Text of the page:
Fossil fans – this one’s for you. According to ScienceAlert, Canadian scientists have made an incredible discovery stumbling upon a 505 million-year-old fossil bed that is the final resting place of a hoard of ancient jellyfish. What’s perhaps even more intriguing is that these critters were swimming in the oceans hundreds of millions of years before dinosaurs roamed the Earth.
Scientists discovered perfectly preserved jellyfish fossils from over 500 million years ago.
Given their soft tissue makeup, a sight like these jellyfish is an impressively special one because, typically speaking, this type of tissue isn’t often one to be kept for so long in fossil form. What’s even better is that many of their small, anatomical details, including their tentacles, are completely visible. Dubbed, Burgessomedusa phasmiformis, these lucky finds are now documented as the earliest known jellyfish on the planet.
Soft Tissue Fossils
The major difference between the typical fossils we’re used to seeing and those formed from soft tissue is that most of those preserved pieces come from tough chunks of bone that can hold up to the delicate fossilization processes. On the other hand, soft tissue, like that belonging to jellyfish, is a very touchy and breakable material that not only has a more challenging time during the process itself but also breaks down at a faster rate.
For locating these soft tissue fossils, those on the lookout search in a fossil bed known as a lagerstätte, which is where the Burgessomedusa phasmiformis were found in an area known as the Burgess Shale.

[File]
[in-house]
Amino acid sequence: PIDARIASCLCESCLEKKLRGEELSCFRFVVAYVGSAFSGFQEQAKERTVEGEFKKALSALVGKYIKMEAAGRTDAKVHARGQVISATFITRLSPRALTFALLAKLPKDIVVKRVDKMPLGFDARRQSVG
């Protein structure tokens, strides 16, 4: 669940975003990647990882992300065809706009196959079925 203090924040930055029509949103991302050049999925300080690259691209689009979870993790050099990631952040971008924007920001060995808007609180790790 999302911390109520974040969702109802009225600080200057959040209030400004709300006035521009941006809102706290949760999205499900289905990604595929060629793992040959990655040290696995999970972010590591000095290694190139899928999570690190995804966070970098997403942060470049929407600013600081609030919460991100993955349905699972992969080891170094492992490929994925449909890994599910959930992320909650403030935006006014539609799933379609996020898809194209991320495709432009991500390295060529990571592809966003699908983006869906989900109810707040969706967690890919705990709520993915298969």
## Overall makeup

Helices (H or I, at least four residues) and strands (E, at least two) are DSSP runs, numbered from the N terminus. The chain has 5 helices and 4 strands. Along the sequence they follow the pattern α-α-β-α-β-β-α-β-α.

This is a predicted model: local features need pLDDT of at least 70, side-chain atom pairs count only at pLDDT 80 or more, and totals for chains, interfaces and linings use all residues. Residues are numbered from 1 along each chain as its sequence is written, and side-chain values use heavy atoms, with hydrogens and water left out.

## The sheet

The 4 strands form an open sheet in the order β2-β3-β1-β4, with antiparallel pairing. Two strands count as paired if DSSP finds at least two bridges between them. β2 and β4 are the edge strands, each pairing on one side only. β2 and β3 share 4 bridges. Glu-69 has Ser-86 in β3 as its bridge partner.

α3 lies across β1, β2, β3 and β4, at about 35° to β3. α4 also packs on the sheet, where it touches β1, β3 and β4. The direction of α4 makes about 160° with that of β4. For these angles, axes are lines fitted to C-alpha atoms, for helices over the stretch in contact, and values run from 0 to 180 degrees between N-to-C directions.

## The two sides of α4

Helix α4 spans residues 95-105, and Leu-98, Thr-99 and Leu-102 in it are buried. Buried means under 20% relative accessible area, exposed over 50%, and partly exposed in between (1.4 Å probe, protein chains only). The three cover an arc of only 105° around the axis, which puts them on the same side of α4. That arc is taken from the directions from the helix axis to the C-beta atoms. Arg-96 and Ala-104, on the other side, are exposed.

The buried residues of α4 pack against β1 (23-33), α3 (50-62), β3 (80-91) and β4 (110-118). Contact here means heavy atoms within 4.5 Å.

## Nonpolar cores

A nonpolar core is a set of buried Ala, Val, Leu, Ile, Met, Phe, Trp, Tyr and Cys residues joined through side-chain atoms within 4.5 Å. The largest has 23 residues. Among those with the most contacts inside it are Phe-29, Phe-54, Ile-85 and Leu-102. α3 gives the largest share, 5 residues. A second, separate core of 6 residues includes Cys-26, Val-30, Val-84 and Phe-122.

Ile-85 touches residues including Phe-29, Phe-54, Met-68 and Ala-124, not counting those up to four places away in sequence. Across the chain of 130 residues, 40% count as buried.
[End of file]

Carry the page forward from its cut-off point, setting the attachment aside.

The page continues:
Joe Moysiuk, a paleontologist at the University of Toronto and Royal Ontario Museum in Canada revealed that jellyfish have long been recognized as one of the first groups of creatures to begin the evolution process. Yet, despite this fact, he said that it’s been “remarkably hard” to find proof of their ancient fossils.
It’s with this discovery, he says, that there’s no longer any doubt whatsoever that their presence was abundant during that time period.
The lagerstätte that was uncovered to be the home of these jellyfish fossils is one of the top places to find other soft animals from the Cambrian period. Millions of years ago, the Burgess Shale was the bed of a body of water with those creatures living at the bottom, eventually falling into the silt where they would become fossilized. While so many other fossils of soft-tissued animals didn’t stand the test of time, we’re incredibly lucky that these jellyfish were able to withstand millions of years of harsh elements only to be discovered in 2023.
A sight like these jellyfish is an impressively special one because, typically speaking, this type of tissue isn’t often one to be kept for so long in fossil form.
Through the discovery of these ancient jellyfish, scientists are all that closer to pinpointing how the species was able to evolve over the last hundreds of millions of years. They also point to just how incredible the marine ecosystems of the Cambrian period were with further proof of the existence of both hard and soft-shelled animals.
As science continues to take major steps forward in space exploration, looking at not only our galaxy but the ones surrounding us, the same can be said for how we’re diving deeper and deeper into the ocean to uncover the world that came so many millions of years before us.